A little online research confirmed that this would probably be fine, so for dinner this evening, for our dinner on St George's Day,  I stir fried our English dandelion leaves in cold pressed extra virgin English rapeseed oil with garlic, as an accompaniment for grilled English lamb cutlets. To drink we had an excellent Saling Gold from our local Round Tower brewery.





We also had on the side some aubergine dips made by Sabra, which, as I discovered by chance, was the name of the princess that St George rescued from the dragon. A most enjoyable meal.

This is the first time I've eaten dandelion leaves. They have a nice texture and are rather bitter, but I quite like that. They are an excellent alternative to kangkong which is quite difficult to find in England, and I'm sure they are good fried with sambal belacan, or cooked in coconut milk. In fact, it appears that they they're eaten in Indonesia, where they are known as randa tapak. I think I'll be doing a bit more foraging.

Thursday, 16 April 2015

The Parish Church of St Mary with St Leonard, Broomfield

For the past fortnight, since my last post on the subject, I've been walking to work most days, and feeling the benefit. It's somewhat more exercise than I've been doing recently, so it's a little tiring at the end of the day, and I get a bit footsore sometimes. I could use my bike on some of those occasions when I've driven, except that some time ago I noticed that one of the tyres was almost worn through, and I haven't got round to sorting it

The last two days have been unseasonably warm, bright and sunny, and the fine weather encouraged me to linger on the way back. I stopped by the Church of St Mary with St Leonard, and had a stroll around the grounds. This is the parish church of Broomfield, the village my workplace is located. The oldest parts of the church date from the 11th century (older than Chelmsford Cathedral), although there have been many additions over the years.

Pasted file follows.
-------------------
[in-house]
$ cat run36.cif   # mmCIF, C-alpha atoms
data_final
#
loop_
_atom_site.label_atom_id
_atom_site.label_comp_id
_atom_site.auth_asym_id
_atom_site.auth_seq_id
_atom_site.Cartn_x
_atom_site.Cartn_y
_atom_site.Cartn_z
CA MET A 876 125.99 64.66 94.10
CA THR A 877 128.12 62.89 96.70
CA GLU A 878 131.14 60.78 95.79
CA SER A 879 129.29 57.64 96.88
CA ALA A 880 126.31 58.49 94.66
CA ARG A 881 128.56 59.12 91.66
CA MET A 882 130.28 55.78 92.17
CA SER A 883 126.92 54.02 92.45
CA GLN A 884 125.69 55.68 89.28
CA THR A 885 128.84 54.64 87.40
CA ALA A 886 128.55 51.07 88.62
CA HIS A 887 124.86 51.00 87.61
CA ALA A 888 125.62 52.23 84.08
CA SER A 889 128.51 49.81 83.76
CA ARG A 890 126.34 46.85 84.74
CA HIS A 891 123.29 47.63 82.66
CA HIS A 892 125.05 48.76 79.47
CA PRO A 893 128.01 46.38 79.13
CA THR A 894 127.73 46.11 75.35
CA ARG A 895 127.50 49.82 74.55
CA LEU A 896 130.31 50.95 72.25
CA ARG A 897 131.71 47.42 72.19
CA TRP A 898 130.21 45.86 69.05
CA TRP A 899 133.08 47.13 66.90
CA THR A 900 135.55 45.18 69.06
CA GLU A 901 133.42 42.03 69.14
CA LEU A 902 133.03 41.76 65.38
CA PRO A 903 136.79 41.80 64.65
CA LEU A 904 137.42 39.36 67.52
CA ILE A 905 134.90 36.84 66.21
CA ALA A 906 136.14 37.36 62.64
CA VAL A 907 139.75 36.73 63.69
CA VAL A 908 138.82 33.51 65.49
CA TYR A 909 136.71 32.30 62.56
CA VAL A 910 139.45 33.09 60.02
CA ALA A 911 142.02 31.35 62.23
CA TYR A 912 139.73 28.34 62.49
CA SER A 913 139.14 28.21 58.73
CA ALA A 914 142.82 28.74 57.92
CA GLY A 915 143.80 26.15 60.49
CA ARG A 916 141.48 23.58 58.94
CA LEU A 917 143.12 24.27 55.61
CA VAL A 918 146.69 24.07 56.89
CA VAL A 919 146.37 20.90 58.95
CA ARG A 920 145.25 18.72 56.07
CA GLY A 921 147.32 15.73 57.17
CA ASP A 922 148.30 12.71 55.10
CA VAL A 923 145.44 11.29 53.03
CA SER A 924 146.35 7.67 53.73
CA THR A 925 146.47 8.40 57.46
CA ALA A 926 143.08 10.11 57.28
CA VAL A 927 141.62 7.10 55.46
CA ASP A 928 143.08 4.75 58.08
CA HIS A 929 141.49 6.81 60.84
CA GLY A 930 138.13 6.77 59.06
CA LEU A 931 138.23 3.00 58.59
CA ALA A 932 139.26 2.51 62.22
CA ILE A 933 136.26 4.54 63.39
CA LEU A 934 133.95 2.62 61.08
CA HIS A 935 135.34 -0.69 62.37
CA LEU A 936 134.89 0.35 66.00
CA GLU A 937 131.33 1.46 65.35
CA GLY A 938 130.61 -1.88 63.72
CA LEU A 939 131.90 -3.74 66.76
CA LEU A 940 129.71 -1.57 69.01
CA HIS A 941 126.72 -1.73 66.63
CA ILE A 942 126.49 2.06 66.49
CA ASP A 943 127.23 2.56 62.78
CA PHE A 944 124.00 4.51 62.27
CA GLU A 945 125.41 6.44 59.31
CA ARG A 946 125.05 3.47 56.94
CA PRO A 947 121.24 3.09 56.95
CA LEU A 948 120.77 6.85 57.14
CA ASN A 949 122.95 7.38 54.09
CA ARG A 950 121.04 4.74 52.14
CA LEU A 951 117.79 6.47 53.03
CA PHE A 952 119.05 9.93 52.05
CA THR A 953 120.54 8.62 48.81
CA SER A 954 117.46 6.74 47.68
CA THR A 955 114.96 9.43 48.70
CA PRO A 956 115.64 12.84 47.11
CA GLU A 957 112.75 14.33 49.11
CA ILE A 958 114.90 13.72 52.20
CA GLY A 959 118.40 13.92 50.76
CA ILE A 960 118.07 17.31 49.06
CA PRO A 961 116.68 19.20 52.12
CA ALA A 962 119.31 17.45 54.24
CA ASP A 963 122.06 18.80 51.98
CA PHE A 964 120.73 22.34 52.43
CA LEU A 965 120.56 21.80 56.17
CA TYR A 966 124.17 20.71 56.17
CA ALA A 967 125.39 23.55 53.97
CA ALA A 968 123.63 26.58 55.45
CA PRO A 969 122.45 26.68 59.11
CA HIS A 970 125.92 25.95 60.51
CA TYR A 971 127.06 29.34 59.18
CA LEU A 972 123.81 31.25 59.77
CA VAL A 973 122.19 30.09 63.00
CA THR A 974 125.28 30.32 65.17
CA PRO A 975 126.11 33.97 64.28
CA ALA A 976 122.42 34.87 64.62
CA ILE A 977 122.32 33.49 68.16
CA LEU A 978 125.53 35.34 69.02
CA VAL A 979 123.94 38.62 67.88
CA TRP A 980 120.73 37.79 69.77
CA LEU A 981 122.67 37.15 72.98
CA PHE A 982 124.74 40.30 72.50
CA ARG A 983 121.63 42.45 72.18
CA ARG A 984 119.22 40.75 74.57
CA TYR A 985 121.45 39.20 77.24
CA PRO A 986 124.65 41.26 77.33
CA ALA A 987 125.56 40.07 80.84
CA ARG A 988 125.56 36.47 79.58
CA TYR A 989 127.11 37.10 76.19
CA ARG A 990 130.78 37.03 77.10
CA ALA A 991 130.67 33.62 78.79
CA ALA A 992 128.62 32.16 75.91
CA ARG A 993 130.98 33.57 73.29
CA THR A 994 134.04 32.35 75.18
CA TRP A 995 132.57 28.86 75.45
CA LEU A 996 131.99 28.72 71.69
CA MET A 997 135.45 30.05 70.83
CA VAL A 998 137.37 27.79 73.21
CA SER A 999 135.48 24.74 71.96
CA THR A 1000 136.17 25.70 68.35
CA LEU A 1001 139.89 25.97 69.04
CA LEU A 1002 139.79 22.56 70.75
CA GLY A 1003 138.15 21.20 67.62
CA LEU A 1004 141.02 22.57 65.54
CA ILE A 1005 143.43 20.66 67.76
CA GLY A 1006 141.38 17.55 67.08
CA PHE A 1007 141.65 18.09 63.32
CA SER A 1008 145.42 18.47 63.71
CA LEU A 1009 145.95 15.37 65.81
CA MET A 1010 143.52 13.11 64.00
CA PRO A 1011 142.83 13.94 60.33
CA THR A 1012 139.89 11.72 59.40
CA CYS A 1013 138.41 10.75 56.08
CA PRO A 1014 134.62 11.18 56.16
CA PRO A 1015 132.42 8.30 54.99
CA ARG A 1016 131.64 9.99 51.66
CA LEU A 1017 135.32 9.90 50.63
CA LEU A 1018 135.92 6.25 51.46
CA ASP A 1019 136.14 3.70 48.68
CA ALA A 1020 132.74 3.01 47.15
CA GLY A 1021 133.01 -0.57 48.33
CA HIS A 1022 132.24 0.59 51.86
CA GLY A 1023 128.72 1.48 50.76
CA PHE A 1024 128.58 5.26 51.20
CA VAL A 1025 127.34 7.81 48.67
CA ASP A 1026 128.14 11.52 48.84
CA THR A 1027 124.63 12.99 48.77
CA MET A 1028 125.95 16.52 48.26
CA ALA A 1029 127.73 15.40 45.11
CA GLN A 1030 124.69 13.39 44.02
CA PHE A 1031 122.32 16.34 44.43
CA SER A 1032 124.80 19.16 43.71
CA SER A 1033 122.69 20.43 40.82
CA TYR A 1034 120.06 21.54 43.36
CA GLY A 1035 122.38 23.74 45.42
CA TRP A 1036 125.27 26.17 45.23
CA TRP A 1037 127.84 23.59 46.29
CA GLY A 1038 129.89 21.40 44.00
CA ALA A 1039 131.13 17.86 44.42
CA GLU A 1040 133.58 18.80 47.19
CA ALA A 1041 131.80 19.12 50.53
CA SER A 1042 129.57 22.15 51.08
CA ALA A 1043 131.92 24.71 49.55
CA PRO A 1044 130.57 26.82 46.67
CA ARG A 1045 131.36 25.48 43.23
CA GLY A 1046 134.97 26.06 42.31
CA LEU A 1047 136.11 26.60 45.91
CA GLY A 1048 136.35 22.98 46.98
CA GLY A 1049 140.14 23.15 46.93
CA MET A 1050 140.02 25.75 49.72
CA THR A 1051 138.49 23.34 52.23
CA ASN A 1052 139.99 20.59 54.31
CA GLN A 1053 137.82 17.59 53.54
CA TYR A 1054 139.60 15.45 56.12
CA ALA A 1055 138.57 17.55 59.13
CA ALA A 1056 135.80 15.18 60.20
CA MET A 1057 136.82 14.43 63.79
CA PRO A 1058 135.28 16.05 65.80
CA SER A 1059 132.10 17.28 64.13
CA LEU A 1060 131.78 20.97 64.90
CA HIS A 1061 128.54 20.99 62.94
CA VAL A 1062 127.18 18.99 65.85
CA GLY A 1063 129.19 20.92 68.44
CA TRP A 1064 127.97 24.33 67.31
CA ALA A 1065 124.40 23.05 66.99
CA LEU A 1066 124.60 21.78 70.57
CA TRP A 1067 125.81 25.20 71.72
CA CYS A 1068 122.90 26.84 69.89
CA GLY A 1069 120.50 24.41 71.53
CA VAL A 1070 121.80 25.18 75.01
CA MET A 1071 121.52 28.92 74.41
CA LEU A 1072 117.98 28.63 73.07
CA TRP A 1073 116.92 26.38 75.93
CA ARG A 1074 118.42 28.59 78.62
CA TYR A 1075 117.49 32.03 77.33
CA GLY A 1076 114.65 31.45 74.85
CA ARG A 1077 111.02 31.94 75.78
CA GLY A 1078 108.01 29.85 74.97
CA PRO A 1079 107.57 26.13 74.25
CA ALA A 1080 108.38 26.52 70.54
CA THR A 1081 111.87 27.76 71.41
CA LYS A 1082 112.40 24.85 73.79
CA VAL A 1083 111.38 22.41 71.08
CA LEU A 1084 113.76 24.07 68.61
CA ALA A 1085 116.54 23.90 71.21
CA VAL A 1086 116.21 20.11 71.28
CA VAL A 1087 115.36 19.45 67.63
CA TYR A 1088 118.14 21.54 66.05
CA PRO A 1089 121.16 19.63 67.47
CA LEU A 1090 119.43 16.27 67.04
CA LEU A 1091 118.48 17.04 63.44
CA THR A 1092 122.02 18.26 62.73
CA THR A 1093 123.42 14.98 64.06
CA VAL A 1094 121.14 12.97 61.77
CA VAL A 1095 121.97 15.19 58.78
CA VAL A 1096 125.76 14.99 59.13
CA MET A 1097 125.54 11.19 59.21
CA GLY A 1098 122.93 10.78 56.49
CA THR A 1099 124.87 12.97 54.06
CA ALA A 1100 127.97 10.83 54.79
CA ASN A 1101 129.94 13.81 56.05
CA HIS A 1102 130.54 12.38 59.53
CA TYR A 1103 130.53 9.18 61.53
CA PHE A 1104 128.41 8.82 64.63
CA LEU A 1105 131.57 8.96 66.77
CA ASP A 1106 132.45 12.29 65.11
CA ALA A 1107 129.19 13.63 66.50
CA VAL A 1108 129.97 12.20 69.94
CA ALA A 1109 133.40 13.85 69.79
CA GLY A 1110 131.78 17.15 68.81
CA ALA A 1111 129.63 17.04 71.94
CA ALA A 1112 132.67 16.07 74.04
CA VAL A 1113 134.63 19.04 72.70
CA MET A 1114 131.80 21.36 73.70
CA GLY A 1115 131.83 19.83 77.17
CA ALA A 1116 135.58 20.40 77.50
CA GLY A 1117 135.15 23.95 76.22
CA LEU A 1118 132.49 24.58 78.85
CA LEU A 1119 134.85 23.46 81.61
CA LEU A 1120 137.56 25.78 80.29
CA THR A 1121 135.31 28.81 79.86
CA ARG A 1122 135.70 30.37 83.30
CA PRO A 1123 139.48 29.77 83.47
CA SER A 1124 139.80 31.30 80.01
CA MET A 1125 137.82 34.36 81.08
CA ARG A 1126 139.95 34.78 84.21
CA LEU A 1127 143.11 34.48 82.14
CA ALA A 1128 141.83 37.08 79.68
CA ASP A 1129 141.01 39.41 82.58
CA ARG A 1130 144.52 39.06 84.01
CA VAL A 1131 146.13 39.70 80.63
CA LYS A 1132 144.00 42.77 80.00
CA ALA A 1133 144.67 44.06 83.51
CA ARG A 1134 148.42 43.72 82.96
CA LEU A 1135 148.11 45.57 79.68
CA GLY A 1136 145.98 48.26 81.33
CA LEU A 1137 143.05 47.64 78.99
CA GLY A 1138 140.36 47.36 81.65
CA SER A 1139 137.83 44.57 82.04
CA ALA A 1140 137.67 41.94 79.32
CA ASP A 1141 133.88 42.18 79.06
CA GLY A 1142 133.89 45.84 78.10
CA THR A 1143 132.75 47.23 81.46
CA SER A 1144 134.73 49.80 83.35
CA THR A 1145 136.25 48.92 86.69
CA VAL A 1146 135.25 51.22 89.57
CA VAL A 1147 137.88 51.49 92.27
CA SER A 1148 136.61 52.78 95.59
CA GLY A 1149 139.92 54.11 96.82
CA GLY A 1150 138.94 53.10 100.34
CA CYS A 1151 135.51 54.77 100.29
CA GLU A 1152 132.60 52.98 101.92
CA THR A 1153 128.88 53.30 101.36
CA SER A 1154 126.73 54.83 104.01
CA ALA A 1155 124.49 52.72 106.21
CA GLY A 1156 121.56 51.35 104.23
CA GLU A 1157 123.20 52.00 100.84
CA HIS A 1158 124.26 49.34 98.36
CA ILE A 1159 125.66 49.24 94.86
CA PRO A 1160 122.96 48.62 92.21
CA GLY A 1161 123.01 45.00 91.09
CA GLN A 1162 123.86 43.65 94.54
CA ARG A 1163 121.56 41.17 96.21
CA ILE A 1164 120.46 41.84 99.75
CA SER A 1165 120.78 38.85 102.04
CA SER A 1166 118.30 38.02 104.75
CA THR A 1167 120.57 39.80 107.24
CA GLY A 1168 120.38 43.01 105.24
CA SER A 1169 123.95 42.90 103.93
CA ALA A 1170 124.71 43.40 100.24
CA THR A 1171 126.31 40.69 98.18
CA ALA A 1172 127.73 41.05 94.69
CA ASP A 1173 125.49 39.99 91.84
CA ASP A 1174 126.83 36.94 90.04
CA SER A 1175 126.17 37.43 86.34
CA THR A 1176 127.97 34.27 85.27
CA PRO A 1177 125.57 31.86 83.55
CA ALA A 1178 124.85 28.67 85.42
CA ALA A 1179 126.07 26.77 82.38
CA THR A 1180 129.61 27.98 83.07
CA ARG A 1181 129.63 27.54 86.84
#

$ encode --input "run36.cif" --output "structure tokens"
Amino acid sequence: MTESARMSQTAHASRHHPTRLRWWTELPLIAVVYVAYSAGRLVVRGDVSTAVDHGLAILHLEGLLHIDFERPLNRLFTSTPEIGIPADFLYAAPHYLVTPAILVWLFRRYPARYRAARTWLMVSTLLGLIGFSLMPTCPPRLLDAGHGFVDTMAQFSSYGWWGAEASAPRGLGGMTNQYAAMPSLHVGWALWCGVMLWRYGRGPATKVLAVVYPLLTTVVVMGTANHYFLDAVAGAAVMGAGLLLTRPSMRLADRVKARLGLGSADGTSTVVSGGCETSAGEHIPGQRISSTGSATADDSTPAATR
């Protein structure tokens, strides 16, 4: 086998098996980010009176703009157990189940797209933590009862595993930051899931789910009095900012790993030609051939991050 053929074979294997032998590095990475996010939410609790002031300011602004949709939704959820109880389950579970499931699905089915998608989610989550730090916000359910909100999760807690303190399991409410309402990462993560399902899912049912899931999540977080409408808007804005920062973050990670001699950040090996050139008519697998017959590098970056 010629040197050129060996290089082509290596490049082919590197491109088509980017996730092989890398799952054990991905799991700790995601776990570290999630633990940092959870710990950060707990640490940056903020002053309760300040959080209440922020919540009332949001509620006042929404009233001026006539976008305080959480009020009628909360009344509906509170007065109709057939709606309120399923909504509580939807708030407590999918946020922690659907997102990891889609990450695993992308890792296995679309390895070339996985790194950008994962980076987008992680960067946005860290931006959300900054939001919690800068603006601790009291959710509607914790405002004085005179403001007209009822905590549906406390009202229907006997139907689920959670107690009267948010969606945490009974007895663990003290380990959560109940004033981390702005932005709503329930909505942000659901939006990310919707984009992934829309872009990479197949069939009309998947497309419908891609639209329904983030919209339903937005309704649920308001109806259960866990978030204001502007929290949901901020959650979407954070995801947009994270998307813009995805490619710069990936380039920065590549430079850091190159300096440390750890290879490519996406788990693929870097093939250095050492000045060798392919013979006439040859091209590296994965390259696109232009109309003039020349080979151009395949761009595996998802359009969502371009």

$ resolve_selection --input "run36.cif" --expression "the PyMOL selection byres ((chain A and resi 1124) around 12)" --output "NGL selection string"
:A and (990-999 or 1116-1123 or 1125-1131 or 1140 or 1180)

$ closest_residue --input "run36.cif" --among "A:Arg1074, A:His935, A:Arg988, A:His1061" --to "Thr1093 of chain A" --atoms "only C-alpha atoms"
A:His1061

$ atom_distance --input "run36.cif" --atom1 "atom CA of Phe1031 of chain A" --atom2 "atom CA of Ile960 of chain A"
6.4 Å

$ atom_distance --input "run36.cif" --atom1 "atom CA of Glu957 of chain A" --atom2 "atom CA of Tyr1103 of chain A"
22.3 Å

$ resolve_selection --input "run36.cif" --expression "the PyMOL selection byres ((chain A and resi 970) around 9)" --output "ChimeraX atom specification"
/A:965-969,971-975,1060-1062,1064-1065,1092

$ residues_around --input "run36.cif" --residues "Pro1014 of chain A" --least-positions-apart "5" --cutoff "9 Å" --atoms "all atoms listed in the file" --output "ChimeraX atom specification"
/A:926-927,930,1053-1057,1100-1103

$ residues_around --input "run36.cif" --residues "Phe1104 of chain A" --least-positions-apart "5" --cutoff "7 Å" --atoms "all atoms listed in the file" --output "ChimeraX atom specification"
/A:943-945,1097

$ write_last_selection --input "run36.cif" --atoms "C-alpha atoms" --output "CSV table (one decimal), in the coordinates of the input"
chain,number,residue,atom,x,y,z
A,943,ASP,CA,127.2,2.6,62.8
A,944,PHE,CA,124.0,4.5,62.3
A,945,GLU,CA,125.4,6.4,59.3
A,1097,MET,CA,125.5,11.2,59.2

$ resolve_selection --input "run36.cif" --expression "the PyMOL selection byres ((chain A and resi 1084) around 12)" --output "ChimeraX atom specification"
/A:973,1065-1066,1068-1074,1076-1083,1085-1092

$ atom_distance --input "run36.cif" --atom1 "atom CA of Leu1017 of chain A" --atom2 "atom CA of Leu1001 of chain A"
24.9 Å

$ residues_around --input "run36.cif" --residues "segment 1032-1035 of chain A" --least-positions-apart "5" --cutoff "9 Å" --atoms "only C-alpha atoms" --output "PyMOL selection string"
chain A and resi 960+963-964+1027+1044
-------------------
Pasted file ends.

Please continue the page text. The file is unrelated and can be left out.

The round tower is one of the oldest parts of the church and is Norman, from the 12th century. Many of the bricks in the tower and the older parts of the church are re-used Roman bricks.




The additions from different periods, with different building materials, are clearly visible and add to the charm.



There is a lovely churchyard with interesting gravestones like the one shown here.



The church itself was closed, so a visit to the interior will have to wait, but I found this plan, along with a detailed description at British History Online.




St Mary with St Leonard, Church Green, Broomfield, Chelmsford, Essex CM1 7BE





Thursday, 9 April 2015

Shoehorn

After coming across an article about the importance of using a shoehorn, I thought it might be a good idea to equip myself with one. Essentially, if you put on your shoes without using a shoehorn, you either stick your finger into the back of the shoe while putting it on, which stretches the leather, or worse, just stick your heel in, crushing the counter (the back of the shoe) as you do so, which I have to confess is what I sometimes tend to do.

I settled on this one, which was on sale at the Doc Martens shop in Spitalfields market for about £6.